In a summer full of underwhelming mainstream releases, it is reassuring to know that there are still filmmakers capable of brilliance. It’s even more encouraging to learn that for most of those involved in the process, this was their first feature film, except that it’s going to be very hard for them to top it with anything they may do in the future.
Once there was a Hushpuppy, and she lived in the Bathtub with her daddy. Hushpuppy (played by Quvenzhané Wallis) is a six-year-old girl, the Bathtub is a shanty town on the Louisiana coast just outside the New Orleans levee, and her daddy is Wink (Dwight Henry) who has to take care of her alone after the death of his wife. They, like the other residents of the Bathtub, are very poor, but they do a lot of celebrating with food and friendships. That celebration usually includes a lot of drinking, and Wink’s frequent indulgence often makes him less attentive than he should be, which in turn has made Hushpuppy more independent and self-sufficient than other girls her age. And that’s probably a good thing, because her father is also sick.
Because it’s outside the levee, the people in the Bathtub are usually left alone, but they’re also in constant danger of floods. Minor flooding isn’t uncommon, but a big one can put everyone at risk. When a big storm approaches, some residents choose to evacuate, but the more stubborn of them (like Wink) intend to ride it out no matter what.
Beasts of the Southern Wild is unquestionably the best film I’ve seen all year. It has so many emotional extremes, and the mood can change so quickly that you’re not always sure what to feel. You immediately forge a strong connection to Hushpuppy, which leads to what I honestly believe are a few of the most terrifying scenes ever recorded, and she also delivers one of the saddest lines ever uttered. Wallis should be a shoo-in for a best actress nomination with one of the strongest performances in the last several years.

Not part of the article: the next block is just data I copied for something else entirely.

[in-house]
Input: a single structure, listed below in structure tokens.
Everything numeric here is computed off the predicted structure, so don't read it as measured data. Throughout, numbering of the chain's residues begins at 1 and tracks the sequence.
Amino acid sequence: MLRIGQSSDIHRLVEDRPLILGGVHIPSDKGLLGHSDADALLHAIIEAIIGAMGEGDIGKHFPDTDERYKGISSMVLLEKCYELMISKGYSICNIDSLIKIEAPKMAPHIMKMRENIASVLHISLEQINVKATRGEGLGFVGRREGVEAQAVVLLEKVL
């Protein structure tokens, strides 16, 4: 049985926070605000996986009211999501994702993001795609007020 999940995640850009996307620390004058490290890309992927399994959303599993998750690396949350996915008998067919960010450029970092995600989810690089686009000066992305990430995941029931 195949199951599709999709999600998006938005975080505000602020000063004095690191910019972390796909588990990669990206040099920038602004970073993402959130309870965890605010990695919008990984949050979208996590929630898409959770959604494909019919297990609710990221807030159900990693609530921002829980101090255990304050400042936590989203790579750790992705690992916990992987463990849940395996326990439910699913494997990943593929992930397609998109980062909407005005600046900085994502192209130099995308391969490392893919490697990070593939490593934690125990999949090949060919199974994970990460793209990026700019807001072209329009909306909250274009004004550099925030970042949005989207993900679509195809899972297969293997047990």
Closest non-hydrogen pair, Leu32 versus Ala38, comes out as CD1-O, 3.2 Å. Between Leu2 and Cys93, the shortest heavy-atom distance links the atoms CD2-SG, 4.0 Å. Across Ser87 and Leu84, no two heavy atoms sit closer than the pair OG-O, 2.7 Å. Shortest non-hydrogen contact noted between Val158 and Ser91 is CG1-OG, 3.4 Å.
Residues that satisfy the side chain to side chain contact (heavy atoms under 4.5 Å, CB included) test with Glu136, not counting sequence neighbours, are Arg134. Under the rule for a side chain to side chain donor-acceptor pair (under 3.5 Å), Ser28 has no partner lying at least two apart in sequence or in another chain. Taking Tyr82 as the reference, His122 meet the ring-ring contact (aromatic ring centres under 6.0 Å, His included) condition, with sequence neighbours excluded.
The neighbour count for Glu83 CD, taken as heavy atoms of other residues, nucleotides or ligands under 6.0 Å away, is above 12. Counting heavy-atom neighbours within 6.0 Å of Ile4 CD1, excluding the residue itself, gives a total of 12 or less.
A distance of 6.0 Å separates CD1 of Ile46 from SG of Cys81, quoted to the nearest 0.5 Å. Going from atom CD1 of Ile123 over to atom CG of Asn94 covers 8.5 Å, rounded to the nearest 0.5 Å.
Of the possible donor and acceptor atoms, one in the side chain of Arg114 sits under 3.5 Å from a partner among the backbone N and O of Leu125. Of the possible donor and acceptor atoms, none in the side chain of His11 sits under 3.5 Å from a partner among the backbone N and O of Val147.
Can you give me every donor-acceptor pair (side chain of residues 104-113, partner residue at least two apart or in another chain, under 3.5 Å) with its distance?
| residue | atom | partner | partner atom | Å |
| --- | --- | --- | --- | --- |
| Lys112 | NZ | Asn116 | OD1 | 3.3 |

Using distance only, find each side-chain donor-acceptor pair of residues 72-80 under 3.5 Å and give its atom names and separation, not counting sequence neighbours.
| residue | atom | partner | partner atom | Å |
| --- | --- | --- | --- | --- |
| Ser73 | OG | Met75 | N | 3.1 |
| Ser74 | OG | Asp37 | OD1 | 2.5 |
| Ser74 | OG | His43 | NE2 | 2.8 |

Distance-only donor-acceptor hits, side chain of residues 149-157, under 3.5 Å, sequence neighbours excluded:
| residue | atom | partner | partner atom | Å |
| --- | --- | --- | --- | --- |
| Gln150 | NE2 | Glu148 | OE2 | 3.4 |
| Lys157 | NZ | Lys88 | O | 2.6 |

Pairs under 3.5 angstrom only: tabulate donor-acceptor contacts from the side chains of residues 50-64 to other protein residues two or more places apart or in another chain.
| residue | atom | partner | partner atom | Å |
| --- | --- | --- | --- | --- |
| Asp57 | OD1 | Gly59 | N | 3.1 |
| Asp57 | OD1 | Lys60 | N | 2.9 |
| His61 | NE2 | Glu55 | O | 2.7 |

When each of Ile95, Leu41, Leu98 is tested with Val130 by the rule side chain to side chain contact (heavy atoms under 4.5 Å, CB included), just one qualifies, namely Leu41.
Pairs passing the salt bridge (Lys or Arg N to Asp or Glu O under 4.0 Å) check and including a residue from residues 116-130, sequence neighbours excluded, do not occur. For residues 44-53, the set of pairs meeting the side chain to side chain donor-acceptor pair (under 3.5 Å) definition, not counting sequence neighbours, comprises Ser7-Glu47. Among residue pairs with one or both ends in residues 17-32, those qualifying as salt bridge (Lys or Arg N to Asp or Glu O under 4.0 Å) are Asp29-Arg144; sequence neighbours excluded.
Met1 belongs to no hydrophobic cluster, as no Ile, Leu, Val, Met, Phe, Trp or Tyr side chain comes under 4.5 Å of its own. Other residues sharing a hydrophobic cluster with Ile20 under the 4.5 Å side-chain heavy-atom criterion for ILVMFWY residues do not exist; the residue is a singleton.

Although there’s a lot of fear and sadness, the film is still pure joy to watch. There are enough scenes of pure elation and utter cuteness to lighten the mood, but even at its darkest the movie is so perfectly executed that it becomes completely engrossing. You’ll almost certainly walk out of the theater on a high, but you’ll probably also be completely spent so it’s not a good choice to plan to see it immediately before any other movies.
Because I took so long to write the review, I had an opportunity to see it again, a week after my first viewing. I think that I needed the full week’s recovery after seeing it the first time, but it was just as powerful the second time around. The scenes I’d found terrifying the first time through didn’t have the same effect because I knew what was going to happen, but if possible I think that every other emotion came through even more strongly. The rewatch firmly cemented my initial impression that Beasts of the Southern Wild is the best film of the year.